It took awhile for Cameron Toomey-Stout’s physical stature to equal the size of his heart.
Regardless, he had a point to make.
When Toomey-Stout entered Coupeville High School as a freshman in the fall of 2014, he was 5-feet, 2-inches tall and weighed 100 pounds.
“I had to prove all those naysayers wrong who said I couldn’t play football,” Toomey-Stout said.
The senior always had a love for the sport and always knew he was going to play high school football.
“Football is the sport in our house,” he said. “My grandfather and uncle played college football. I always had the mindset I was going to play football; there was never really any doubt.”
His love for the game and his positive attitude were fostered by his mothers Lisa Toomey and Beth Stout.
Toomey passed along her passion for football. She grew up going to San Diego State University games with her father and became a powderpuff quarterback.
“Mama Lisa breathes football,” Toomey-Stout said. “She started playing catch with me when I was little, and I have loved football ever since.”
Despite his diminutive stature in the ninth grade, Toomey-Stout signed up to play for the Wolves.
“Coach (Tony) Maggio said, ‘What the heck,’ and gave me a shot,” Toomey-Stout said. “I owe a big thanks to him.”
It didn’t take Maggio long to recognize Toomey-Stout’s passion.
“I remember Cameron as being fearless despite being the smallest player on our roster,” Maggio said.
He added that Toomey-Stout was very athletic and a joy to coach.
Toomey-Stout understood and accepted his role as a reserve as he waited to grow in size and talent.
“I was patient,” he said. “Some of my best memories come from playing on the scout team, trying to give our starting team a good look.”
Maggio saw enough in Toomey-Stout to put him on the field in seven games. Toomey-Stout caught one pass for 12 yards and returned a kickoff for eight.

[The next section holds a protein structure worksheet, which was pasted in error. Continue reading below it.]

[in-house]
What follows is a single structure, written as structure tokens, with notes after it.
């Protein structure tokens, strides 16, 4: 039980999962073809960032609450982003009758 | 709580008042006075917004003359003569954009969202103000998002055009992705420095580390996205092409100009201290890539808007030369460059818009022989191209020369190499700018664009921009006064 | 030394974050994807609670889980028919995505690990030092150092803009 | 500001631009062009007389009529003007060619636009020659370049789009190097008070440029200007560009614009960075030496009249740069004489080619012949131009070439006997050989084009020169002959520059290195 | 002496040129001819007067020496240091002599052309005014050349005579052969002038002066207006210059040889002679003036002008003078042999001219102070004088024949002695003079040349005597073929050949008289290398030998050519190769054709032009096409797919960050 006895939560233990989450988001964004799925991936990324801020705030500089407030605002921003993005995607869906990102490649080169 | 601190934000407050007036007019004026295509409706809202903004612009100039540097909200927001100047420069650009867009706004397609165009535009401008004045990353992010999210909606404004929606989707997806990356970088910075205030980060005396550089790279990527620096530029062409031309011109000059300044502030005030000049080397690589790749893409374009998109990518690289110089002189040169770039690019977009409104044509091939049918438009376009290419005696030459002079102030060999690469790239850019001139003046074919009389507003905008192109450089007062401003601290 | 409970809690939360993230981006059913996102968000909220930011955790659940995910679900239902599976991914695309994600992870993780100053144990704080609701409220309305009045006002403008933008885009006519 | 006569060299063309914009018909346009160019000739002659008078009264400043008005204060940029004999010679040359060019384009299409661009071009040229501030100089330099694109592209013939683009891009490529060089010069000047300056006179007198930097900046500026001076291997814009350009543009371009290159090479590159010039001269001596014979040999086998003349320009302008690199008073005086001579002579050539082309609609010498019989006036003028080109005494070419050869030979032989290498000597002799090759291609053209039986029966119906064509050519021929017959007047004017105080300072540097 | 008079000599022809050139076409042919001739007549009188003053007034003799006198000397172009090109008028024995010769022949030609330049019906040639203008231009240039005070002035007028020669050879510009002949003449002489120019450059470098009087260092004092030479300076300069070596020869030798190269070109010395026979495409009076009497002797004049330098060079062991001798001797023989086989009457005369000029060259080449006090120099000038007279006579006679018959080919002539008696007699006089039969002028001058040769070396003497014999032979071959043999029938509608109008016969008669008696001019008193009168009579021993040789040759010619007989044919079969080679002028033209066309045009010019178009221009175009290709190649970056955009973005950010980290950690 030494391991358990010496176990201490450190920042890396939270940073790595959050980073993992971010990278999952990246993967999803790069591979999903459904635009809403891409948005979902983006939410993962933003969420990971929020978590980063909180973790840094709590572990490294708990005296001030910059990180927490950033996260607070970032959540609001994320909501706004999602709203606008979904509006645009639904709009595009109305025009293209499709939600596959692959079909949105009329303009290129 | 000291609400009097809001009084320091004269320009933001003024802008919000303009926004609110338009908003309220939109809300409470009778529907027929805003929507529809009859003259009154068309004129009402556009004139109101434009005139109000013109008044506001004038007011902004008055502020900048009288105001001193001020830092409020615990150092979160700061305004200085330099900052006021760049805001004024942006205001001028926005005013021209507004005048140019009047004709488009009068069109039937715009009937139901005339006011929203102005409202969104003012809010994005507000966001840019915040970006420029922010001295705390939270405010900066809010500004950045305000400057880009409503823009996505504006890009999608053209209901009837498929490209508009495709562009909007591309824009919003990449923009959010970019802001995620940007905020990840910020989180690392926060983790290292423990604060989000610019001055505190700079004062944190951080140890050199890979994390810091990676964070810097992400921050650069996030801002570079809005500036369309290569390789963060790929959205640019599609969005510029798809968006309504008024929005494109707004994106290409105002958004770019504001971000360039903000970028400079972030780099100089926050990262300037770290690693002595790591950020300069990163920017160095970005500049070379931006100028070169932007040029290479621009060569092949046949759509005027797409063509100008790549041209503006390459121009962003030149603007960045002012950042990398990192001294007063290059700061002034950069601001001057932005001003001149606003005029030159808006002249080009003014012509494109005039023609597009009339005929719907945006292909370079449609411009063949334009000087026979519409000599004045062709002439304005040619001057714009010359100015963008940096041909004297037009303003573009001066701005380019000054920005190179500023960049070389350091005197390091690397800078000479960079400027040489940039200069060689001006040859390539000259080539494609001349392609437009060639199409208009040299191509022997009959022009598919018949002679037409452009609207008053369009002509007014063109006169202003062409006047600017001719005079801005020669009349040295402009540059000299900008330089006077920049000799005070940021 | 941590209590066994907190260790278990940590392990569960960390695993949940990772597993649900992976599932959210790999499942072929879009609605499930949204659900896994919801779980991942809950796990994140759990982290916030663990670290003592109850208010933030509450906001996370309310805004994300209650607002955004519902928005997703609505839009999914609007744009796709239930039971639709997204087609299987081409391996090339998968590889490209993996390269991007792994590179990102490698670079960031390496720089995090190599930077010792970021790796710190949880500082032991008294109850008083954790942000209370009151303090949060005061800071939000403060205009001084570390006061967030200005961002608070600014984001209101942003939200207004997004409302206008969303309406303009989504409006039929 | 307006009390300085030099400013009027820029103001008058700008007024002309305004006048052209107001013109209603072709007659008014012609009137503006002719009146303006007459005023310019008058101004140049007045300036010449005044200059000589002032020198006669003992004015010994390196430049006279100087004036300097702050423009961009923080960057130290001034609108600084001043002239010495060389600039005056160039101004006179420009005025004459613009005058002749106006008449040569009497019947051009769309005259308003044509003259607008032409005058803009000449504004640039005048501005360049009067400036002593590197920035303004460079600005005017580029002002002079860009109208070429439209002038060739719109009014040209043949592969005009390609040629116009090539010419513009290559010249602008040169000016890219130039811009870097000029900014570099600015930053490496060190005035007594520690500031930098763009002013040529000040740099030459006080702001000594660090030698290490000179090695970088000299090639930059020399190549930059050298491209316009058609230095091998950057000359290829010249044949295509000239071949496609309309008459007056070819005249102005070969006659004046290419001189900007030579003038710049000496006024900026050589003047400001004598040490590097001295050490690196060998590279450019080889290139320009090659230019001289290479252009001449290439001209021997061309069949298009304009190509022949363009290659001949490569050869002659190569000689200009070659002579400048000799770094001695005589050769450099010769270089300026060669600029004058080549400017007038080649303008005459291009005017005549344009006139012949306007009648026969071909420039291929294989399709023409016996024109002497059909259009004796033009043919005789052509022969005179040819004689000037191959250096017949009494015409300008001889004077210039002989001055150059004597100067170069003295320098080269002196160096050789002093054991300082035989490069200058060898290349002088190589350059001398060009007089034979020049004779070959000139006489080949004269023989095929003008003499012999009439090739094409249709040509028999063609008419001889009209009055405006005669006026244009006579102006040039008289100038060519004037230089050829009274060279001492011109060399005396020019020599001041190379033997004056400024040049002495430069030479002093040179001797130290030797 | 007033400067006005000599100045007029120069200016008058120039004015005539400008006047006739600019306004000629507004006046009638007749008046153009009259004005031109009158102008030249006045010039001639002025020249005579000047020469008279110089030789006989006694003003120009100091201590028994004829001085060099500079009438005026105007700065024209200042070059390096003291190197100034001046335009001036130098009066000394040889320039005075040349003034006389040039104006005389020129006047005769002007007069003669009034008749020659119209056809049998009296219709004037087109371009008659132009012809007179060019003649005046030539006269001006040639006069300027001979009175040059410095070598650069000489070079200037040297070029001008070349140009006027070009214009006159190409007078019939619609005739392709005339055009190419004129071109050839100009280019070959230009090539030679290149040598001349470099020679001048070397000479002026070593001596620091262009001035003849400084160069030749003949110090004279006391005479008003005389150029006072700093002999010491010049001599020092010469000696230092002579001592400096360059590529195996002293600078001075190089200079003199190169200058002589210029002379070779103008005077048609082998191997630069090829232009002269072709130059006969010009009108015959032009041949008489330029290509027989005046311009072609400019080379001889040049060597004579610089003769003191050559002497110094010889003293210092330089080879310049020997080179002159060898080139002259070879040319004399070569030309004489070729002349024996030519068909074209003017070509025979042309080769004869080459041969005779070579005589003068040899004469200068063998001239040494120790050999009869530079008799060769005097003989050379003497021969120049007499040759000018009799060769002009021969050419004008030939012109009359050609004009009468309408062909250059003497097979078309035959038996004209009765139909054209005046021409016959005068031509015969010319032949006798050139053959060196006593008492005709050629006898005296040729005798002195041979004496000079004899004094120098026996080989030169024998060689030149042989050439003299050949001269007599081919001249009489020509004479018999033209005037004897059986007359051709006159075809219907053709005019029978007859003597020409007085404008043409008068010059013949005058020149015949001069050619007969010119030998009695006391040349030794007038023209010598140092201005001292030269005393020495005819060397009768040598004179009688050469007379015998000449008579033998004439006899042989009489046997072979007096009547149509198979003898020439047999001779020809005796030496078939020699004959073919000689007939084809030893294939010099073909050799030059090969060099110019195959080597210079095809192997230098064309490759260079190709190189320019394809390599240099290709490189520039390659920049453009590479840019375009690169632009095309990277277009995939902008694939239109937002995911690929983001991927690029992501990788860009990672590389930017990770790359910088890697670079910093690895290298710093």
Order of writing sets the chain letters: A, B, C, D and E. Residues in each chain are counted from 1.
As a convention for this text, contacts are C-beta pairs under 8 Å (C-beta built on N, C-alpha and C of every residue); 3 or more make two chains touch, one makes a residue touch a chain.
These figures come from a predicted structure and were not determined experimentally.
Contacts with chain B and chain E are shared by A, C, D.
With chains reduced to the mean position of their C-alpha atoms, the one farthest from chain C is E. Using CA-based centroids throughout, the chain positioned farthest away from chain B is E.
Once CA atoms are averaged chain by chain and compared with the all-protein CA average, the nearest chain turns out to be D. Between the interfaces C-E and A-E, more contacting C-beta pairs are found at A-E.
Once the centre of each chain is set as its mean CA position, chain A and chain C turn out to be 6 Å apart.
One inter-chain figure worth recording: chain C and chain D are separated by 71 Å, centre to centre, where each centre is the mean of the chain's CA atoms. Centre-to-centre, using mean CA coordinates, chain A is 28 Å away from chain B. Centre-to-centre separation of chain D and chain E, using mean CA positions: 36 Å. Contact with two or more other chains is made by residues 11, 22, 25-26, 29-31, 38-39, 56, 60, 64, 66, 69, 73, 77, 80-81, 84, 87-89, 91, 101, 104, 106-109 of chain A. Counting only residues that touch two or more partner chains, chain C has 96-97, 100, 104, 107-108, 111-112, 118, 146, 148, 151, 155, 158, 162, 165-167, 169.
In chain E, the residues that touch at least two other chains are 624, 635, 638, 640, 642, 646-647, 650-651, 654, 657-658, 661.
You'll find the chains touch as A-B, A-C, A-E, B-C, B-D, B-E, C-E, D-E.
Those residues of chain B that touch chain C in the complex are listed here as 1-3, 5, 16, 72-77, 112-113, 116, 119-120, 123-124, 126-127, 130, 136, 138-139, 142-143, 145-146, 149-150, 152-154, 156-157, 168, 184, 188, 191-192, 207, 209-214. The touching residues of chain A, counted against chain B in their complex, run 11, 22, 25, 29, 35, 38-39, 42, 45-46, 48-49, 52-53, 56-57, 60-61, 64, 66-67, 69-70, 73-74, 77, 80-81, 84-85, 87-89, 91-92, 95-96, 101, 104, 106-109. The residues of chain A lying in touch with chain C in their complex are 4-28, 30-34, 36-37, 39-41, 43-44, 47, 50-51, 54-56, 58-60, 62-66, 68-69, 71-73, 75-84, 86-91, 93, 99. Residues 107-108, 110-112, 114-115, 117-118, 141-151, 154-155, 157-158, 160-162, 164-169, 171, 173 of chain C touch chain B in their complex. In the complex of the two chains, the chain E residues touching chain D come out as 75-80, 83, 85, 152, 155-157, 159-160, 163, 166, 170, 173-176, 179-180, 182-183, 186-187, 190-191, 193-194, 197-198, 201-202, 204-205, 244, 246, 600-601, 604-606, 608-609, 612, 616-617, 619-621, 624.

Maggio resigned after that season, and the new coaching staff didn’t have the same faith in Toomey-Stout. During his sophomre season, Toomey-Stout saw his playing time dwindle to two games.
Another coaching change led to a starting spot for Toomey-Stout as a junior.
New coach Jon Atkins, like Maggio, recognized Toomey-Stout’s greatest asset.
“He has a heart twice his size,” Atkins said.
Toomey-Stout is now 5-7, 140 pounds; still not large by football standards.
“It is fun to see where he has gotten at his size after all the work he has put in,” Atkins said. “It all starts with his family; he has great support from home.”
Atkins added that Toomey-Stout not only has a big heart, but a “kind heart,” always helping his teammates.
“He is so selfless,” Atkins said. “Heart certainly matters.”
As a junior, Toomey-Stout caught 21 passes for 441 yards and four touchdowns. He also intercepted four passes, returning one for a TD, and recorded 32 tackles.
In the first two games this year, Toomey-Stout has eight catches for 116 yards and two scores. He already has two interceptions, and he returned a kickoff 70 yards for a touchdown last week.
When talking about goals, Toomey-Stout quickly defaults to a team-first attitude.
“Right now I just want to be the best I can be for my team,” he said. “We want to win conference and go to the playoffs, simple as that.”
Toomey-Stout is joined on the team by his brother Sean.
“I absolutely love playing with him — everything about it,” Cameron said. “We push each other; we give each other a boost of adrenaline.”
His sophomore sister, Maya, is also a Coupeville athlete.
In addition to playing football, Cameron Toomey-Stout is a member of the Coupeville basketball and track teams.
“To be a great football player, you have to be a great athlete,” he said. “Those other sports help; you can’t go wrong being a three-sport athlete.”
Toomey-Stout, who owns a 3.5 GPA, would like to play football for a college on the West Coast.
Some question that goal.
“When people doubt you, plain and simple you can’t listen to them,” he said. “When I went out for high school football, I wasn’t given a chance. I worked for everything I got, and I am blessed to be here. Hopefully I can prove those wrong who say I can’t play college ball as well.”